SEP 21, 2016 10:39 AM PDT

James Webb Space Telescope Could Help Us Study Proxima b

Proxima b is believed to be an Earth-like neighbor from the Proxima Centauri system, which is around 4.25 light years away from our Sun. It has been getting a lot of attention lately from scientists because we want to know if these Earth-like exoplanets are capable of supporting life.
 
Since it’s so far away, there’s no easy way to get there. Even going as far as Pluto in our own solar system takes us a decade, so getting 4 light years out into space will require something more feasible, and although the Breakthrough Starshot initiative might be feasible, it certainly isn’t without its doubts.
 
Nevertheless, the upcoming James Webb Space Telescope (JWST) could prove to be a very useful tool in observing Proxima b’s atmosphere, if it has one.
 

An artist's rendition of the James Webb Space Telescope in space.

 Image Credit: NASA

Current space telescopes, like Hubble, don’t have the ability to pierce so deep into space to see Proxima b’s atmosphere without heavy distortion that makes studying nearly impossble, but the new JWST, which will launch in 2018, will have a much larger primary mirror and new technology on board that can take impressively better images of the heavens.
 
It’s believed that the JWST will be able to help astronomers estimate exactly what the exoplanet’s atmosphere is like by simply sampling light from the Proxima Centauri system. A paper is available on arXiv.org detailing this hypothesis.
 
It would only take [11 days'] worth of observing time,” said Avi Loeb, an astrophysicist from Harvard University and co-author of the paper. "With the light we detect, we can ask if this world looks like a bare rock. If it doesn't, there might be an atmosphere, and there might also be an ocean, which life requires.”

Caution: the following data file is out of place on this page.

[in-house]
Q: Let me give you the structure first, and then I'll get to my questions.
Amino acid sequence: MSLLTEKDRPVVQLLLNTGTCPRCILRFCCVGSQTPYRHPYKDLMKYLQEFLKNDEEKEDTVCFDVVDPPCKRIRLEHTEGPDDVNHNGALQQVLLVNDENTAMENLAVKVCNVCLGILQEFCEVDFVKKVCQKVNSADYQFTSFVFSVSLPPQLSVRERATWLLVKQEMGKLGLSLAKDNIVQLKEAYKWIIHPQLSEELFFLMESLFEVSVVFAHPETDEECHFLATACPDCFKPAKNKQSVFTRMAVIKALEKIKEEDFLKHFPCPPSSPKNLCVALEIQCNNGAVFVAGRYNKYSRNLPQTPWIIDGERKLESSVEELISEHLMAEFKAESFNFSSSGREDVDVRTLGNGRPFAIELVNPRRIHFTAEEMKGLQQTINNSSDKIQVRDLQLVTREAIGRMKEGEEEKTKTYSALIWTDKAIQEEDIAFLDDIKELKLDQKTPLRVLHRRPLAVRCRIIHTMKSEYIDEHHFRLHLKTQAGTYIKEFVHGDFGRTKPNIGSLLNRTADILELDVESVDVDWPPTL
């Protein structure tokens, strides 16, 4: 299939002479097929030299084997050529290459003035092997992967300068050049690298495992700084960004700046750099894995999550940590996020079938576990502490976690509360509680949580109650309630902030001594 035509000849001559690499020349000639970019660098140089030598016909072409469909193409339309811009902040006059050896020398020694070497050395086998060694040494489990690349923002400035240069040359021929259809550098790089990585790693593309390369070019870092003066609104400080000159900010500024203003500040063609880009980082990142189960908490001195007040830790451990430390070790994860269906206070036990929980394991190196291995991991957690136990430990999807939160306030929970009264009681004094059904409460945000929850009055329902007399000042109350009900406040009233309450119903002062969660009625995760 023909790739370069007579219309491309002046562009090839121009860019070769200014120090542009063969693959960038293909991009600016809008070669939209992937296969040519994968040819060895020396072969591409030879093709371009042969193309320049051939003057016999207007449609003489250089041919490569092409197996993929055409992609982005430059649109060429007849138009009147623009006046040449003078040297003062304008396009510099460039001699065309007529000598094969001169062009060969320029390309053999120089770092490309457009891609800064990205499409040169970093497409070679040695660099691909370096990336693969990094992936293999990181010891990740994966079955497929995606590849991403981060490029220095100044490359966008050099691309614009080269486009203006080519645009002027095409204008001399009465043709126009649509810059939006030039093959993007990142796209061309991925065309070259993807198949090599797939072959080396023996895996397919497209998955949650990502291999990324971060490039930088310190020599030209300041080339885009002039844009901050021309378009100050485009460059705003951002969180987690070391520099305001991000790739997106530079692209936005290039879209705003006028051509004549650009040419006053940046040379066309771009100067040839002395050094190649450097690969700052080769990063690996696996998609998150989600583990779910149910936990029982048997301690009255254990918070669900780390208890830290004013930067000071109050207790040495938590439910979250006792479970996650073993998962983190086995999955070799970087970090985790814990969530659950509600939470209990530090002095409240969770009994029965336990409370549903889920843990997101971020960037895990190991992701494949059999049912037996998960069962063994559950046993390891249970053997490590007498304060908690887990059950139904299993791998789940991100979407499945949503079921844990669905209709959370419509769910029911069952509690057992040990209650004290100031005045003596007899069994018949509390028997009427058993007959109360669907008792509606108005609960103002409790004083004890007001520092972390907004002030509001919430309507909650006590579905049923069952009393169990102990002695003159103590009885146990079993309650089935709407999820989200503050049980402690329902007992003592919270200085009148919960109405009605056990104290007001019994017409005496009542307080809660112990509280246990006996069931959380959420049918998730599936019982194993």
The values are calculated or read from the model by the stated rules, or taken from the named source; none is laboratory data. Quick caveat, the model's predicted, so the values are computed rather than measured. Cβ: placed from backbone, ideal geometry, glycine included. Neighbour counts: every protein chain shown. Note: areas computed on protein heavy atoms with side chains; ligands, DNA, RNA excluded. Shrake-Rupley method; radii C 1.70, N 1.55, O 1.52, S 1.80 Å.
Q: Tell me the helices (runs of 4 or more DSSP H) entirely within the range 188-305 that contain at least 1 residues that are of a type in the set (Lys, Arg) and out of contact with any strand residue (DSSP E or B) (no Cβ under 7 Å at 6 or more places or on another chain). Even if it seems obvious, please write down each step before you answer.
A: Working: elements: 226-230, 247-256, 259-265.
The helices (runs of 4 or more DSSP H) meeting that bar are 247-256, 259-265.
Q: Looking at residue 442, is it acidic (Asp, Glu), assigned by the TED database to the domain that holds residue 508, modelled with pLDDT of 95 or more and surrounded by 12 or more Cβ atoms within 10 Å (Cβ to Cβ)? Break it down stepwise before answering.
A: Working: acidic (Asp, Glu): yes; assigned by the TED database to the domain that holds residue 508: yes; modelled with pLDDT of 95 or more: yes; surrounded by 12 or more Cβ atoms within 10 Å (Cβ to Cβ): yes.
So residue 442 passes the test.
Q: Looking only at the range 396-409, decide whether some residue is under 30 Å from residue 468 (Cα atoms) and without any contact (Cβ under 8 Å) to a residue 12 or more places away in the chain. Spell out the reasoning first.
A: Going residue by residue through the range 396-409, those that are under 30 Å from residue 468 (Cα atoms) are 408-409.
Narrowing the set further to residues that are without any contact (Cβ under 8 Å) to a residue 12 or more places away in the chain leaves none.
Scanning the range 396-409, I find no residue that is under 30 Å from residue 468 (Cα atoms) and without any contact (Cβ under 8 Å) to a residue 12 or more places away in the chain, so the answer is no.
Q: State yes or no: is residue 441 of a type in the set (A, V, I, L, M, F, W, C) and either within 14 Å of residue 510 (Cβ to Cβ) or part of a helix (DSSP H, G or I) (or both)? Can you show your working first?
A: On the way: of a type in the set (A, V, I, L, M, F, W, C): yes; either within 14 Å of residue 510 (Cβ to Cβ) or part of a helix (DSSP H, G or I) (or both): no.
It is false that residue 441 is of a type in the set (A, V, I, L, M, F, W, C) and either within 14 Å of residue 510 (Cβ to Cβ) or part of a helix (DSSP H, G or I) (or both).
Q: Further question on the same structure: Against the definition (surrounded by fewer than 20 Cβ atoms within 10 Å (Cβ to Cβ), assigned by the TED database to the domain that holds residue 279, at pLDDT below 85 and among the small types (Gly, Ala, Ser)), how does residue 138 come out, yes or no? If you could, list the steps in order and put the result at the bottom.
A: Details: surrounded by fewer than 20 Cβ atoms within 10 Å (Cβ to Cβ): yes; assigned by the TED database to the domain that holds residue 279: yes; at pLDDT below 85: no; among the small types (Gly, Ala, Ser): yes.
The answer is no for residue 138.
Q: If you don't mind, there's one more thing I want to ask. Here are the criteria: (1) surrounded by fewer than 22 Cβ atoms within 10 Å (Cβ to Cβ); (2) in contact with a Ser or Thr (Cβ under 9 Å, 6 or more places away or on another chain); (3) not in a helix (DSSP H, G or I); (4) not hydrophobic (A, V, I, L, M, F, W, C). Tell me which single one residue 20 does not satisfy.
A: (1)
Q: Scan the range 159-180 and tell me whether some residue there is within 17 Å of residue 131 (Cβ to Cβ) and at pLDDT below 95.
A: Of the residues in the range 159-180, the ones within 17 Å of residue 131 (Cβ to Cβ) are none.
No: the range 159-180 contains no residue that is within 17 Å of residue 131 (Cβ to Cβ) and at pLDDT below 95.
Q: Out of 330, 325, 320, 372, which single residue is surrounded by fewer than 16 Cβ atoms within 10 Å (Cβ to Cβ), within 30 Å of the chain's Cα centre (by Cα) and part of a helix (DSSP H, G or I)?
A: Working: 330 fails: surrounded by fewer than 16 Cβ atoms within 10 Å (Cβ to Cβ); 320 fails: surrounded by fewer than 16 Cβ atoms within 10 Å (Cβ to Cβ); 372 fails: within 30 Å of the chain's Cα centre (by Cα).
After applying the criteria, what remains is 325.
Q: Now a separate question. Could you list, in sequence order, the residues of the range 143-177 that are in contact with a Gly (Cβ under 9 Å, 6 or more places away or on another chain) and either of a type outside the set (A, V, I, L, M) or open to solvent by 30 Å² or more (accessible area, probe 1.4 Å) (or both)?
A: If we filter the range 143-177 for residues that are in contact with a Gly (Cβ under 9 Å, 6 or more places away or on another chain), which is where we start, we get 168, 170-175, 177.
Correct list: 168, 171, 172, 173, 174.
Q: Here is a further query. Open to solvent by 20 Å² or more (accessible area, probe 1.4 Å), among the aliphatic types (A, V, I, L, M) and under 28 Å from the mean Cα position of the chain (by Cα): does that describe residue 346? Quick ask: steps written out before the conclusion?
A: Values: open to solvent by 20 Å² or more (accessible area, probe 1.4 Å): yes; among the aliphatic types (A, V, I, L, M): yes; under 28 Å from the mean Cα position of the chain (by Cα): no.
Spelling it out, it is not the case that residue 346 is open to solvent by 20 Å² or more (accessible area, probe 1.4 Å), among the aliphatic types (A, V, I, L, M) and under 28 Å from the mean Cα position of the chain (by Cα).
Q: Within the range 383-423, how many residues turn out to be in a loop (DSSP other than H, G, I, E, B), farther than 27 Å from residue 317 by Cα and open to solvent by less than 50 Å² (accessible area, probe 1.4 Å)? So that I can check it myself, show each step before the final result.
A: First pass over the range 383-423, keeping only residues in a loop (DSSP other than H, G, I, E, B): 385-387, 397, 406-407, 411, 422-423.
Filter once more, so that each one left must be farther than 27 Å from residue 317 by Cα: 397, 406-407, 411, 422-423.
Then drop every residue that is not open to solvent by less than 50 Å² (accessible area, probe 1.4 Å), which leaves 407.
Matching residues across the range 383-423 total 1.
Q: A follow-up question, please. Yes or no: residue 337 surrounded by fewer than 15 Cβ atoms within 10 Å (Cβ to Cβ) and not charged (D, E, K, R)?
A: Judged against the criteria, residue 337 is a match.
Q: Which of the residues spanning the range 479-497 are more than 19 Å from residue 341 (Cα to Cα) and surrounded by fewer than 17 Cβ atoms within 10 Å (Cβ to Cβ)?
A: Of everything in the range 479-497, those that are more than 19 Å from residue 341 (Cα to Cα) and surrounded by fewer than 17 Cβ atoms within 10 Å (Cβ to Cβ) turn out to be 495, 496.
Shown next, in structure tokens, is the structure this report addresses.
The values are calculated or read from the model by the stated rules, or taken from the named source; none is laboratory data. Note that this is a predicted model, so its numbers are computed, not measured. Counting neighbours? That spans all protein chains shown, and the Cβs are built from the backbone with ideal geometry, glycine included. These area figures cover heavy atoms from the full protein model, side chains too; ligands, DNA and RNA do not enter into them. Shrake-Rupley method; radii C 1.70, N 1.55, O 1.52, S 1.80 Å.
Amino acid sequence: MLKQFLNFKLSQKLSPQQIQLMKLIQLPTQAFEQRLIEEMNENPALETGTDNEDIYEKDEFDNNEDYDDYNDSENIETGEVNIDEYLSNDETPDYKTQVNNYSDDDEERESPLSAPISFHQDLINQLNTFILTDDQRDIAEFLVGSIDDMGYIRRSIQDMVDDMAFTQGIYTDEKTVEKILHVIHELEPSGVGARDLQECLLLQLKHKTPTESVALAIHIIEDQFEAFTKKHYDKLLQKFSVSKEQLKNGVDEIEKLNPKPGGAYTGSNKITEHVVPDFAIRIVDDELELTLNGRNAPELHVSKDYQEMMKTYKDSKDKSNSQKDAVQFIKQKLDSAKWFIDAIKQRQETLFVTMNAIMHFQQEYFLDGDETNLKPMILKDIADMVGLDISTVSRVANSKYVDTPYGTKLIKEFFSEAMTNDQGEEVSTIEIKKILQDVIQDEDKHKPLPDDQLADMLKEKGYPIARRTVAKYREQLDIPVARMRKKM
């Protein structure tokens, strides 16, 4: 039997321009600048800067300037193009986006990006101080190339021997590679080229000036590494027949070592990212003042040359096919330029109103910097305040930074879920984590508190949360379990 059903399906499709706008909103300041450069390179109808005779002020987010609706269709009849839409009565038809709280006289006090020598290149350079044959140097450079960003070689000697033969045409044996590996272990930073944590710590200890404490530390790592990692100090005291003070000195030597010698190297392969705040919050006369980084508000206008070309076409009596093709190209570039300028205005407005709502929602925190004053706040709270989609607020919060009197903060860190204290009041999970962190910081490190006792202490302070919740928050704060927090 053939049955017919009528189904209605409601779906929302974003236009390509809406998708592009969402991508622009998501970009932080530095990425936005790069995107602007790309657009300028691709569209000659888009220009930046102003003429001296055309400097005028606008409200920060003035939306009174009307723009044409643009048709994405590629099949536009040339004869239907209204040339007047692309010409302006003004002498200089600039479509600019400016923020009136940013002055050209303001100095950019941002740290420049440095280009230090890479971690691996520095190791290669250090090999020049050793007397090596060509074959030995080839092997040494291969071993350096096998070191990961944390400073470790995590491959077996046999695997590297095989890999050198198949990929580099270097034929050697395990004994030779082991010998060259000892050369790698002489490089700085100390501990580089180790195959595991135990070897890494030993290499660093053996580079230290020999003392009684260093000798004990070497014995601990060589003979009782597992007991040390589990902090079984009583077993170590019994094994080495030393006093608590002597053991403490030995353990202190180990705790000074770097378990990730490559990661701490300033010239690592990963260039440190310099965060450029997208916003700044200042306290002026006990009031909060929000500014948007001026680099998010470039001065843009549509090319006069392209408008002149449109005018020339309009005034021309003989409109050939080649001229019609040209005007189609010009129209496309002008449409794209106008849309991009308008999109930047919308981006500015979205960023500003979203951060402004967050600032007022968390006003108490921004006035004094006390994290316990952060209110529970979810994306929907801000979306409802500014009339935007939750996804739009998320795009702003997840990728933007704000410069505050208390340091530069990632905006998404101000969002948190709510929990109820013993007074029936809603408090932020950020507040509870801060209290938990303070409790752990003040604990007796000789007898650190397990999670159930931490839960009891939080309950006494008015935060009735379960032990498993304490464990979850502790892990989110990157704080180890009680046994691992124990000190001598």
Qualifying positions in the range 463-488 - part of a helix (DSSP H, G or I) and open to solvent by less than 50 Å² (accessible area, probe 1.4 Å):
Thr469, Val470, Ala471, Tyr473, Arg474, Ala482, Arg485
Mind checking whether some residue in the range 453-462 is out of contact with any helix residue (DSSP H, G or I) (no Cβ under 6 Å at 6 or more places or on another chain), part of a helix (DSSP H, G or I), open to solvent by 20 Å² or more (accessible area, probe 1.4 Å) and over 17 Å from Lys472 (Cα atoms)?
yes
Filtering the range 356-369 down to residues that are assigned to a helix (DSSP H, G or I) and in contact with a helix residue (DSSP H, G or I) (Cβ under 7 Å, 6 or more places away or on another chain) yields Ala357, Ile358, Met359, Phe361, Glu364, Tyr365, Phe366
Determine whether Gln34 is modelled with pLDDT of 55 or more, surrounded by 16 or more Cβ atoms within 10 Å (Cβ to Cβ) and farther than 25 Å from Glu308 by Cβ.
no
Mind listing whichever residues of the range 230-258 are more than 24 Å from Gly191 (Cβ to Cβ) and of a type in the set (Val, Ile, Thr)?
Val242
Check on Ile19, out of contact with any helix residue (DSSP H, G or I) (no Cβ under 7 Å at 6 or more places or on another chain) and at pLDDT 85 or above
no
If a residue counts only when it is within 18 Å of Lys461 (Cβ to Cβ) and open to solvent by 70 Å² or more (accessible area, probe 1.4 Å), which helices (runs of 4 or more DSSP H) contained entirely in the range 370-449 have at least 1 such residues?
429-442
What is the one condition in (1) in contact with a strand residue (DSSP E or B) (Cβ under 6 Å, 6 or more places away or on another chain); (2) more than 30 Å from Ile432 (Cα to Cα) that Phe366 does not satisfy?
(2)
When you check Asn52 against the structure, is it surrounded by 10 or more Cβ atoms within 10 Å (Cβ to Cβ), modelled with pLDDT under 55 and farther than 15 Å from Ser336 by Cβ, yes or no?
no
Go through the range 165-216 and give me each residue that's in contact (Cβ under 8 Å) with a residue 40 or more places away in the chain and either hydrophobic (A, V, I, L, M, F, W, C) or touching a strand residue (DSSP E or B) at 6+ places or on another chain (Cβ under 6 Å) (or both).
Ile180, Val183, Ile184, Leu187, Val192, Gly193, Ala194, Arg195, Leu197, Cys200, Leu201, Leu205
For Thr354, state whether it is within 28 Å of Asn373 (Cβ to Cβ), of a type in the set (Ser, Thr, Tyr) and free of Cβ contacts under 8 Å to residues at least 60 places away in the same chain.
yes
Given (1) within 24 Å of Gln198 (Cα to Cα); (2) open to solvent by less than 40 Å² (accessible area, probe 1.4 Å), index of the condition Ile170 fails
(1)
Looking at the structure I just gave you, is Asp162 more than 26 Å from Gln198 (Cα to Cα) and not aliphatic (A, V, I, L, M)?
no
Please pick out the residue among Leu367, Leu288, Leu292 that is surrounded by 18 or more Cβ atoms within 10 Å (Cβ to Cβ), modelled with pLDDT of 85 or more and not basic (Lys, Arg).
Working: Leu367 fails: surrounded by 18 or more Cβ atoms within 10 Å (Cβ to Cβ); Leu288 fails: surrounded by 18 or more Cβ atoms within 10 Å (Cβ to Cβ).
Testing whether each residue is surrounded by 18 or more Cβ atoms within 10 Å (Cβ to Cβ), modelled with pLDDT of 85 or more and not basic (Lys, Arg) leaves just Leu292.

Because Proxima b exists in the star system’s habitable zone, liquid water could exist on it. It’s believed to be tidally-locked to its star, which means one side of the exoplanet is probably colder than the other. If the exoplanet has an atmosphere, it would help rotate the hot and cold around to keep one half of Proxima b from boiling and the other from freezing over.
 
Fortunately for scientists, this tidally-locked system may be a key point in observing Proxima b. If one side of the exoplanet is getting super-heated by the star it orbits, then it will be emitting infrared light, which the JWST is built to observe. This means we just need to search for certain kinds of infrared light coming from Proxima b to learn whether or not it has at atmosphere.
 
The ultimate question is whether or not Proxima b has a rich atmosphere like Earth, or if it’s just a rock without an atmosphere like our Moon. The latter would make the Proxima b discovery much less exciting. Of course, with the launch of the JWST within jsut two more years, it shouldn't take much longer to find out.
 
Source: Business Insider

About the Author
  • Fascinated by scientific discoveries and media, Anthony found his way here at LabRoots, where he would be able to dabble in the two. Anthony is a technology junkie that has vast experience in computer systems and automobile mechanics, as opposite as those sound.
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